AI and the rollout of 5G
These use cases can play a role in helping operators deploy their 5G networks. We generally associate 5G with enhancing AI, but actually AI can play a key role in the deployment of 5G itself and in improving the service offering of 5G, particularly in key areas of 5G network management. This is also the case with the deployment of 4G in less developed countries. As we look to the future, AI can play an important in dynamic 5G network slicing in enabling telcos to intelligently provision network resources so that slices can be scaled up and down as needed whilst maintaining SLAs.
A more intelligent and automated approach to networks will increase margins and increase customer satisfaction. For this reason, operators should seek to place AI use cases at the forefront of their minds when deploying their 5G networks.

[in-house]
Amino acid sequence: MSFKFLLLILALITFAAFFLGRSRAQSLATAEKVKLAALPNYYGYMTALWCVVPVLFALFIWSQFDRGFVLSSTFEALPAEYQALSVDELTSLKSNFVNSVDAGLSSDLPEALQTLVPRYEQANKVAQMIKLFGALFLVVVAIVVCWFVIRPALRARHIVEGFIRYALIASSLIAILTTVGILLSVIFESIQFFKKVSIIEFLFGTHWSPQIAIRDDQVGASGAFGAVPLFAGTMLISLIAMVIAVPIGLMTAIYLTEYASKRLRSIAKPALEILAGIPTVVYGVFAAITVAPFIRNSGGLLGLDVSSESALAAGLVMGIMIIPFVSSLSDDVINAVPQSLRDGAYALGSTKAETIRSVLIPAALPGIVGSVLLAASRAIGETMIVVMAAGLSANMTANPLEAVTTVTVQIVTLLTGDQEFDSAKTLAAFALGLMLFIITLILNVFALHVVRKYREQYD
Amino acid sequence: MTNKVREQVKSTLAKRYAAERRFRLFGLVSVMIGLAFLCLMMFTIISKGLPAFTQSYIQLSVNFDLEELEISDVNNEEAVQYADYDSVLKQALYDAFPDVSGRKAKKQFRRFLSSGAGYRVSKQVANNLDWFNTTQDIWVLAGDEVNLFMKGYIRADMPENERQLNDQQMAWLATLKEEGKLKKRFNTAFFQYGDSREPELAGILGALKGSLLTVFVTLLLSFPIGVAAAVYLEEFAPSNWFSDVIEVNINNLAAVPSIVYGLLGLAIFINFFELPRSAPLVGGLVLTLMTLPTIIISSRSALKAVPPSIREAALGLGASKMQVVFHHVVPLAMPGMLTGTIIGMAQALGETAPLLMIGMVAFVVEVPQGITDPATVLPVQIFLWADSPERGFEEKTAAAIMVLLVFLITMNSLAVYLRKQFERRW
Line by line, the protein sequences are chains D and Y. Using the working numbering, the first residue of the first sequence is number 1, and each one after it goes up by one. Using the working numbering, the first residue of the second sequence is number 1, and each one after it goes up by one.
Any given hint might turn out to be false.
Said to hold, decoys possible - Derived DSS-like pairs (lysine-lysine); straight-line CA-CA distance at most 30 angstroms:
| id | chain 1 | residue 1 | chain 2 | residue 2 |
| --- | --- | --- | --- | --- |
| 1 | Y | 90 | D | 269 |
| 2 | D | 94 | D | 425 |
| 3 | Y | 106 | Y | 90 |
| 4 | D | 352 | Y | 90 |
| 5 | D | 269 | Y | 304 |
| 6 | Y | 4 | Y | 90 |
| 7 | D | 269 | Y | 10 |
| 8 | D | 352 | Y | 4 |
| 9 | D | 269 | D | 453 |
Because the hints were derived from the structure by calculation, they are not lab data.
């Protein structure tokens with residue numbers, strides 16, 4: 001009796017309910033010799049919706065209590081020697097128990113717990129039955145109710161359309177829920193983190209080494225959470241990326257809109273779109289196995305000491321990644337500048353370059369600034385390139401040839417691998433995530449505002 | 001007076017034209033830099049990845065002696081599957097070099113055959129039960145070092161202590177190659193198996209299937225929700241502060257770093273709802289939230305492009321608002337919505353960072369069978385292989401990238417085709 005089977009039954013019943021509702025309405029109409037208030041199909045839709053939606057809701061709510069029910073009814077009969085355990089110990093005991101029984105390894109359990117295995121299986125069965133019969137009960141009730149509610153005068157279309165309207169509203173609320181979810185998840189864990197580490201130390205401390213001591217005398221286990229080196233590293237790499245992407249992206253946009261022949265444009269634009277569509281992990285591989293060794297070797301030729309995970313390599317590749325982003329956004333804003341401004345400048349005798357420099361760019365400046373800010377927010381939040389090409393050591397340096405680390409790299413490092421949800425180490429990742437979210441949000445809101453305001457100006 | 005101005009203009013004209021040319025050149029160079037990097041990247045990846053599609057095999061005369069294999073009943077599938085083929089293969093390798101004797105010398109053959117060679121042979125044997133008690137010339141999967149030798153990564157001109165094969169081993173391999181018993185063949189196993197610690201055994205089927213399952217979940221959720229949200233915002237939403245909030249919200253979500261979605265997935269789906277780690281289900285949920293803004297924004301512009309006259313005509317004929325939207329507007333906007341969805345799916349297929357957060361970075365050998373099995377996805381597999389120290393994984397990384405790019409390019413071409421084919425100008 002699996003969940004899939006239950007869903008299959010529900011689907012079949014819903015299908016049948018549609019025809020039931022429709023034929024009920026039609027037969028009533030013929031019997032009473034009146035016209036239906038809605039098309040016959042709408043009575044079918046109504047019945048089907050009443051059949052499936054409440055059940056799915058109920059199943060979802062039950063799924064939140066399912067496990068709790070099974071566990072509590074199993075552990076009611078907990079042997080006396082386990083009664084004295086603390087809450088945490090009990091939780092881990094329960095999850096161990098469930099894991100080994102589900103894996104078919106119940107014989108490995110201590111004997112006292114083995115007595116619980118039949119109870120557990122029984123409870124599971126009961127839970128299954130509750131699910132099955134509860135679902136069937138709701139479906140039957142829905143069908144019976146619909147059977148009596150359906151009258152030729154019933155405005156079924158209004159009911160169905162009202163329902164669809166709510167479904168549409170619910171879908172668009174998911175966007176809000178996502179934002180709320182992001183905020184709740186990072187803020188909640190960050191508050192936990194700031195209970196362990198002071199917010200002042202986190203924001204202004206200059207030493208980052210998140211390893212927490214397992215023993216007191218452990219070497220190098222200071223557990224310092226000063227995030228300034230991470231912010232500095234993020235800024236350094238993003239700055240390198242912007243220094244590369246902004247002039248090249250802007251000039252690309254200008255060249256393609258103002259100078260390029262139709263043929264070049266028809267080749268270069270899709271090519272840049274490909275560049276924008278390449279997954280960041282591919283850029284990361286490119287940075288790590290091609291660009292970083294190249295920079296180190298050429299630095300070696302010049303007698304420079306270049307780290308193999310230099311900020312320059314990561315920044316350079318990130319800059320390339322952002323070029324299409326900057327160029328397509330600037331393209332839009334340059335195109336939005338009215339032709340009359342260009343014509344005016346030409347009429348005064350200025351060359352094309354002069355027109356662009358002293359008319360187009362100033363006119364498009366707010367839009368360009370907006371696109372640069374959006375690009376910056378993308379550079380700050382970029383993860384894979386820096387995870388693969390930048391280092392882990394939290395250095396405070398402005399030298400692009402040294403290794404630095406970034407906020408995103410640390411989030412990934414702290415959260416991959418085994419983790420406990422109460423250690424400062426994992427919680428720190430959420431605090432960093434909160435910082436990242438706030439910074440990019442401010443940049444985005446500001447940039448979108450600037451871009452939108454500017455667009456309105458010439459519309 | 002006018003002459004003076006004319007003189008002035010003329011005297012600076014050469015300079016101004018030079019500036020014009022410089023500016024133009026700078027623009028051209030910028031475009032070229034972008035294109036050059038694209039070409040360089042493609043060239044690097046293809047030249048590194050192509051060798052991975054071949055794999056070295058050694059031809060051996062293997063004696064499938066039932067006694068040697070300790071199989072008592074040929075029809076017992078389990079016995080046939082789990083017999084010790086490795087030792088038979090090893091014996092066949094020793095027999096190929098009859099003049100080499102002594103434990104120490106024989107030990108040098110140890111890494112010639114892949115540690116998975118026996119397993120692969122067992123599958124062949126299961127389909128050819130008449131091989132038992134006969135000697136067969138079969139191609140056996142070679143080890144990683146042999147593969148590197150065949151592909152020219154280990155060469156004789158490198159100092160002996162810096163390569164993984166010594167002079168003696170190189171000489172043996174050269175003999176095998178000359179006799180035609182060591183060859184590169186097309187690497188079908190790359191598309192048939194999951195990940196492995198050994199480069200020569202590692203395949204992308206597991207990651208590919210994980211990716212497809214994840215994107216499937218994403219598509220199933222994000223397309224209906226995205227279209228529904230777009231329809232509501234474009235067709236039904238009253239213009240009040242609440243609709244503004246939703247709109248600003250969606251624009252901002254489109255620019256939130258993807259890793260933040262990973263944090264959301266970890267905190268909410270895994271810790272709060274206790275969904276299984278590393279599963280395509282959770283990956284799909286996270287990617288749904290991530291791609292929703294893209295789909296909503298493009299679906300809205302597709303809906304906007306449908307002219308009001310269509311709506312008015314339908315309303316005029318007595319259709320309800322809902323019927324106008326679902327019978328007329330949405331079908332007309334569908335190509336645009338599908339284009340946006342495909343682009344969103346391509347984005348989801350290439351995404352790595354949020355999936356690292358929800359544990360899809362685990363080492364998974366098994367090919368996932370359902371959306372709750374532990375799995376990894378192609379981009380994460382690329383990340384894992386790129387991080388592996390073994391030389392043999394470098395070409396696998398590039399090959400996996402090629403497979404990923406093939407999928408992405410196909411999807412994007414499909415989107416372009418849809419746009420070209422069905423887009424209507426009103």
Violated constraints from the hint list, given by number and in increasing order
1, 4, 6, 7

At STL Partners, we have extensive research and consulting work within automation, analytics and AI (collectively known as A3) both within the network domain and beyond. We will be sharing our perspective and key insights from our work very soon, so stay tuned!
Author: Matt Bamforth is a consultant at STL Partners, specialising in edge computing, 5G and private networks.